Some of the worst dangers that could occur would be breaking a wagon wheel, poison water, and hostile indigenous natives. Despite the dangers on the trail, the expansionists went forward to secure a better life for themselves and their families. The fact that these people were willing to weather these dangers gaslights the power of American determination, a factor which is so prevalent in the American Dream. 13 As a result, many of the people who traveled and completed the trail were successful in achieving their goal of incurring a better life by settling down, raising a family, and setting up farms.

The idea of ‘starting over is closely connected with opportunity and an important part Of the frontier myth which the Utah settlers were following, perhaps unaware. American social development has been continually beginning on the frontier. This perennial rebirth, this fluidity of American life, his expansion westward with its new opportunities, its continuous touch with the simplicity of primitive society, furnished the forces dominating American character. 14 The wilderness overwhelmed the newcomers and reduced them to a sort of “primitiveness. 15 Similar to other western pioneers, Utah settlers had to combat the unforgiving and lethal environment that forced them to be hard and reliable. In doing so, early Utah settlers incorporated themselves into the American mosaic of strength of character. Manifest Destiny America as a unique nation was already a belief when the first colonies were established on the East coast. And the notion that America was exceptional would continue to be re-created again and again on the frontier.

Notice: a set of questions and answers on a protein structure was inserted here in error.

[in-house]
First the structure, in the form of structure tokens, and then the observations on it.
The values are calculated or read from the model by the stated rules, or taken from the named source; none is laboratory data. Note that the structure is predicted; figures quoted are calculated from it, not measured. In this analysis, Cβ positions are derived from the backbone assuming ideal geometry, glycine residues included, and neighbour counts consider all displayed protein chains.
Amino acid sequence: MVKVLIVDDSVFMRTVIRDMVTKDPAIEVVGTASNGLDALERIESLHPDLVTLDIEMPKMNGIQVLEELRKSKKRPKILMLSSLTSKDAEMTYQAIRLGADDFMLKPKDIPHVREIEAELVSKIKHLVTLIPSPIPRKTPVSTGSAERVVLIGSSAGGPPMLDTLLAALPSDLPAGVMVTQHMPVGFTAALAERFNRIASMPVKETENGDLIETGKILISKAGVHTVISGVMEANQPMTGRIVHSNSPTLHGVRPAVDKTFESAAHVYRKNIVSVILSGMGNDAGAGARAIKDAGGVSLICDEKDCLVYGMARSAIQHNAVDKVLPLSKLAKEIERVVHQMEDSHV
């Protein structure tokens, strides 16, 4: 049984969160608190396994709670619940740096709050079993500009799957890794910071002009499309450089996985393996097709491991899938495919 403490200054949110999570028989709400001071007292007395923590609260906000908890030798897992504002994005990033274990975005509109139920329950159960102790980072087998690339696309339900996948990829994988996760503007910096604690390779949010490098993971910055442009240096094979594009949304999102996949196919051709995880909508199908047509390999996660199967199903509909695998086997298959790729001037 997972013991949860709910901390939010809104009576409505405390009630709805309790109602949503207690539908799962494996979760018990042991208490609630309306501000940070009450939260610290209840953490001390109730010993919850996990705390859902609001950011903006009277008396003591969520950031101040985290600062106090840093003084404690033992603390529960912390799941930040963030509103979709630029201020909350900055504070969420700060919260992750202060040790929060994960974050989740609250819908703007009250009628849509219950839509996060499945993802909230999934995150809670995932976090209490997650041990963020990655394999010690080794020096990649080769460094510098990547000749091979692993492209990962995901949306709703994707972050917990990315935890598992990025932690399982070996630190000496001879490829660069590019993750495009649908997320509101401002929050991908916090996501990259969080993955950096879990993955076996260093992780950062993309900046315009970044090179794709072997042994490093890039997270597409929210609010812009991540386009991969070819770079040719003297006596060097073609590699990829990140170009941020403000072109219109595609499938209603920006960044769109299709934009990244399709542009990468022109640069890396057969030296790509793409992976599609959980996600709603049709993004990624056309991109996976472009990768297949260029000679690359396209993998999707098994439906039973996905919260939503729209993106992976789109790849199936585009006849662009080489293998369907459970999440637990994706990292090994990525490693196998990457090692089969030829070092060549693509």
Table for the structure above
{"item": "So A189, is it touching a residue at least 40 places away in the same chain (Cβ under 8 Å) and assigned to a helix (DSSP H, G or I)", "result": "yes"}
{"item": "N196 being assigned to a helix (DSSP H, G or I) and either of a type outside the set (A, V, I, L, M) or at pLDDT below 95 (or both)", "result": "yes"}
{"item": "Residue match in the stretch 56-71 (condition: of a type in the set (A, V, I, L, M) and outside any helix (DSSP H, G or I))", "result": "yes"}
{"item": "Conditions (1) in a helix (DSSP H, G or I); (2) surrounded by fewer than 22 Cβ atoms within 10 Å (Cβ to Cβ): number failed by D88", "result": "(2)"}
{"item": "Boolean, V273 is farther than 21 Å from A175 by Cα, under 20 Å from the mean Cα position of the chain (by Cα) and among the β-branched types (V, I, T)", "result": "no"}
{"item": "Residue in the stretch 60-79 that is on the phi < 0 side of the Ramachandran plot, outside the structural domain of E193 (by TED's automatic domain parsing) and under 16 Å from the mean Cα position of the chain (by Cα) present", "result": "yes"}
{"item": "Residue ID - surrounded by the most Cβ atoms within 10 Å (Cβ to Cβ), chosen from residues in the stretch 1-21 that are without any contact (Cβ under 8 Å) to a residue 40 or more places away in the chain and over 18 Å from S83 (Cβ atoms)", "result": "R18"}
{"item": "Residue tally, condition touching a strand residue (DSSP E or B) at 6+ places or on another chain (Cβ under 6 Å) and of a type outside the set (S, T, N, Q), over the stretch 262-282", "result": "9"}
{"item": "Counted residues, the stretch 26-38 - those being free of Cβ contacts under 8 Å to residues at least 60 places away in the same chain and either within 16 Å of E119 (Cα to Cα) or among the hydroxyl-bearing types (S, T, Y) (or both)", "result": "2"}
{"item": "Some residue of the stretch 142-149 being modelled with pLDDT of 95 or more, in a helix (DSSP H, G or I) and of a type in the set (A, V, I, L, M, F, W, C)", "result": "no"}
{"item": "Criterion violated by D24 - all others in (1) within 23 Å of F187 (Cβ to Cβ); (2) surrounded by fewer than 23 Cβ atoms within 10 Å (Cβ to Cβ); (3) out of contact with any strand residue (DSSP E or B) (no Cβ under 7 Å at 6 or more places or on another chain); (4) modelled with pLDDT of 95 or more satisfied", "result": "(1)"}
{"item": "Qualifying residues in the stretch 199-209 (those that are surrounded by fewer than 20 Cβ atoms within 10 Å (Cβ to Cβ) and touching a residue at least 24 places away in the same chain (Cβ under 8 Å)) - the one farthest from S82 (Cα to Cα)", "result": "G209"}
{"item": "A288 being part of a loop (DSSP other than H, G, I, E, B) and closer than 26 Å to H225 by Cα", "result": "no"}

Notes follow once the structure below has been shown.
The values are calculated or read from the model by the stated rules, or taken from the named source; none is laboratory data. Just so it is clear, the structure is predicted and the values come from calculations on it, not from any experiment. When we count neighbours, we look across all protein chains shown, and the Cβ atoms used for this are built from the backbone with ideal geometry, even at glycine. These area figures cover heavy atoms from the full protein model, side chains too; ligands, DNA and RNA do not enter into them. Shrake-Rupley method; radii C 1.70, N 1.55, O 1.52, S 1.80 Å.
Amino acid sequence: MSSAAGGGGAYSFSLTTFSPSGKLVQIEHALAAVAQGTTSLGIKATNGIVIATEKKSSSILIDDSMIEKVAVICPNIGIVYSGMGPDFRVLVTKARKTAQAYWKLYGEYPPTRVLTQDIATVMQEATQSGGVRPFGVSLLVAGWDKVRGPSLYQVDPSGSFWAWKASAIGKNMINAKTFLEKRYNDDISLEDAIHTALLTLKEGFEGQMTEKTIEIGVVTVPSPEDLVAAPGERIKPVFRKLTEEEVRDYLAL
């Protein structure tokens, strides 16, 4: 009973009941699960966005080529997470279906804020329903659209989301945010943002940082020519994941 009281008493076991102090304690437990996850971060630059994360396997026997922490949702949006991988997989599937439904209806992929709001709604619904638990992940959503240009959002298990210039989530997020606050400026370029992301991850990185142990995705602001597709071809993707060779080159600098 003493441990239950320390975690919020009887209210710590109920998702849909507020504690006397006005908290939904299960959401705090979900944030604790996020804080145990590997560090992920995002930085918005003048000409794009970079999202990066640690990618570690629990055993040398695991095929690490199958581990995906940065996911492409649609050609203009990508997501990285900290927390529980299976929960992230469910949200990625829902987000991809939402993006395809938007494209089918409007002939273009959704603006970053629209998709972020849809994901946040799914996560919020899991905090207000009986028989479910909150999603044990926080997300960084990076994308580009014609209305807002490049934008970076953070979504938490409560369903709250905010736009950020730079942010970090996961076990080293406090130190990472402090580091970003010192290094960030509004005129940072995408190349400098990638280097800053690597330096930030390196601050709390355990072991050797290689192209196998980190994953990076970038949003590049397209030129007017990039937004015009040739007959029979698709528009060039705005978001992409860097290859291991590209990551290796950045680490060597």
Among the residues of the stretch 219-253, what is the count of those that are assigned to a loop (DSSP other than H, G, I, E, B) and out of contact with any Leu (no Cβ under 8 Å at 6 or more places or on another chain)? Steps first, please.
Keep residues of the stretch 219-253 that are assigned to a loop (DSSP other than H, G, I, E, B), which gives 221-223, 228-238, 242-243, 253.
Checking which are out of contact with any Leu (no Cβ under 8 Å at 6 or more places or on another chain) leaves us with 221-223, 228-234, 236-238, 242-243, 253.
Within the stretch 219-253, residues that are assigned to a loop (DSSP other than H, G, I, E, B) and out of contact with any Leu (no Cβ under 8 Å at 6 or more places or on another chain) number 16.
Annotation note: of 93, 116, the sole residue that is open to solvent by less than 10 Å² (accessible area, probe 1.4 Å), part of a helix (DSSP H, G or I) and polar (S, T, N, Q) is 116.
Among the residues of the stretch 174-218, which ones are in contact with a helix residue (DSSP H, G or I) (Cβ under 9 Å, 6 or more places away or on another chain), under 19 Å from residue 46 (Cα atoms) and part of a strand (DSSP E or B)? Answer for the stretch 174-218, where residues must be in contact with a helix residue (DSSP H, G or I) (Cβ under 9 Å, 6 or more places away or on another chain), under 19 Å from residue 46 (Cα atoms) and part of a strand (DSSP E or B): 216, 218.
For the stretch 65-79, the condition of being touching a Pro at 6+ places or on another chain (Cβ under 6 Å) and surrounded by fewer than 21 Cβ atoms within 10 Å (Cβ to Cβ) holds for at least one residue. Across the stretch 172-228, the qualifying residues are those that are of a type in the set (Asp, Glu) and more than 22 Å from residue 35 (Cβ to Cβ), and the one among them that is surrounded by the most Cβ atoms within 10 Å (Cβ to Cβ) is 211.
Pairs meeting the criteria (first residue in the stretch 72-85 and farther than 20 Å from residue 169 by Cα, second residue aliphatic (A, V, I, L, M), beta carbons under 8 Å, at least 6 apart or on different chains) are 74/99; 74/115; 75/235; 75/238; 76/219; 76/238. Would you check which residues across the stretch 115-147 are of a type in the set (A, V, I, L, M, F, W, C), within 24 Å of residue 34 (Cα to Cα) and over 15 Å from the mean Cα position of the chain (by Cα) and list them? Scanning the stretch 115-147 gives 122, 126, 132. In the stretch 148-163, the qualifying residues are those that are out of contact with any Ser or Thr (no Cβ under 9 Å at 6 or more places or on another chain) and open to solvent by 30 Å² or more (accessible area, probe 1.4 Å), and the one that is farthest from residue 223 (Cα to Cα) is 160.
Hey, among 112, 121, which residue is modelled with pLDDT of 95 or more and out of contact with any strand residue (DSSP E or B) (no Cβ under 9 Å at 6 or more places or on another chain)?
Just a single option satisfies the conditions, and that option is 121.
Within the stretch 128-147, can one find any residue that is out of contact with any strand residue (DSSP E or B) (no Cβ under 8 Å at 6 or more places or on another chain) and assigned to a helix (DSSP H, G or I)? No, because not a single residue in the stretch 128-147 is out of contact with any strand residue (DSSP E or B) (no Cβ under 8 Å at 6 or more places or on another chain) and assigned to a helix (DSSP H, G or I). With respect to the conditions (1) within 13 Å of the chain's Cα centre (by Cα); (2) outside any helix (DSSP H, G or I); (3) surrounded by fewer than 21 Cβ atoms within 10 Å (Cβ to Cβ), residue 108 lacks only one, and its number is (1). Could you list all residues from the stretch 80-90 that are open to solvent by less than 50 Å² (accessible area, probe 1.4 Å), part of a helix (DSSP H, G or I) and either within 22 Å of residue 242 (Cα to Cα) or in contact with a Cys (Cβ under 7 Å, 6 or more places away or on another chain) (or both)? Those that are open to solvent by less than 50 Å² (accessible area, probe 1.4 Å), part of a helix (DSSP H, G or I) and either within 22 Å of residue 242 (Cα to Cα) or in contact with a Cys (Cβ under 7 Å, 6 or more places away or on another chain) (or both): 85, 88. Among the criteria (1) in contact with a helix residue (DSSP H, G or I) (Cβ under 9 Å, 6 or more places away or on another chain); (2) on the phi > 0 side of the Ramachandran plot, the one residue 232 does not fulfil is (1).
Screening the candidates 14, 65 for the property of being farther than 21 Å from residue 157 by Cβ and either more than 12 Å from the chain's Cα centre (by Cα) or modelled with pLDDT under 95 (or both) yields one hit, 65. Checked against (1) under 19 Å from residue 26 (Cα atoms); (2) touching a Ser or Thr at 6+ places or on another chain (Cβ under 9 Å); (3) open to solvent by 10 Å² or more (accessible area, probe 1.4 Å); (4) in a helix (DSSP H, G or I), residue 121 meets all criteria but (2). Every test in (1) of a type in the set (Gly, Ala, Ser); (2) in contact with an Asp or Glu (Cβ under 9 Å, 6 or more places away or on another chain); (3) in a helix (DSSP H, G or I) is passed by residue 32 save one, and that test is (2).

The frontier was closely related to the myth that sustained the American faith, the ideals and images that represent the American Dream as well as America as an exceptional nation This idea was helped by the governments offer of free land which led to new opportunities. It was up to each individual and their desire to work hard and climb the economic and social ladder: “… Each frontier did indeed furnish a new field of opportunity, a gate of escape from the bondage of the past; and rashness, and confidence, and scorn of older society” . 6 Everything was open to the man who knew how to seize the opportunity. The self-made man became the Ideal of the West. Many Miners, fur traders, rangers, and farmers were enticed by this and migrated west to seek a better life. Americans had a belief that a providential mission to move west while expanding territory, liberty, and freedom was a divine ordinance not to be denied. Utah settlers assuredly followed a divine mandate; however under a different banner and purpose than their western neighbors. This idea of renewal in the west was embodied by their quest to a new land.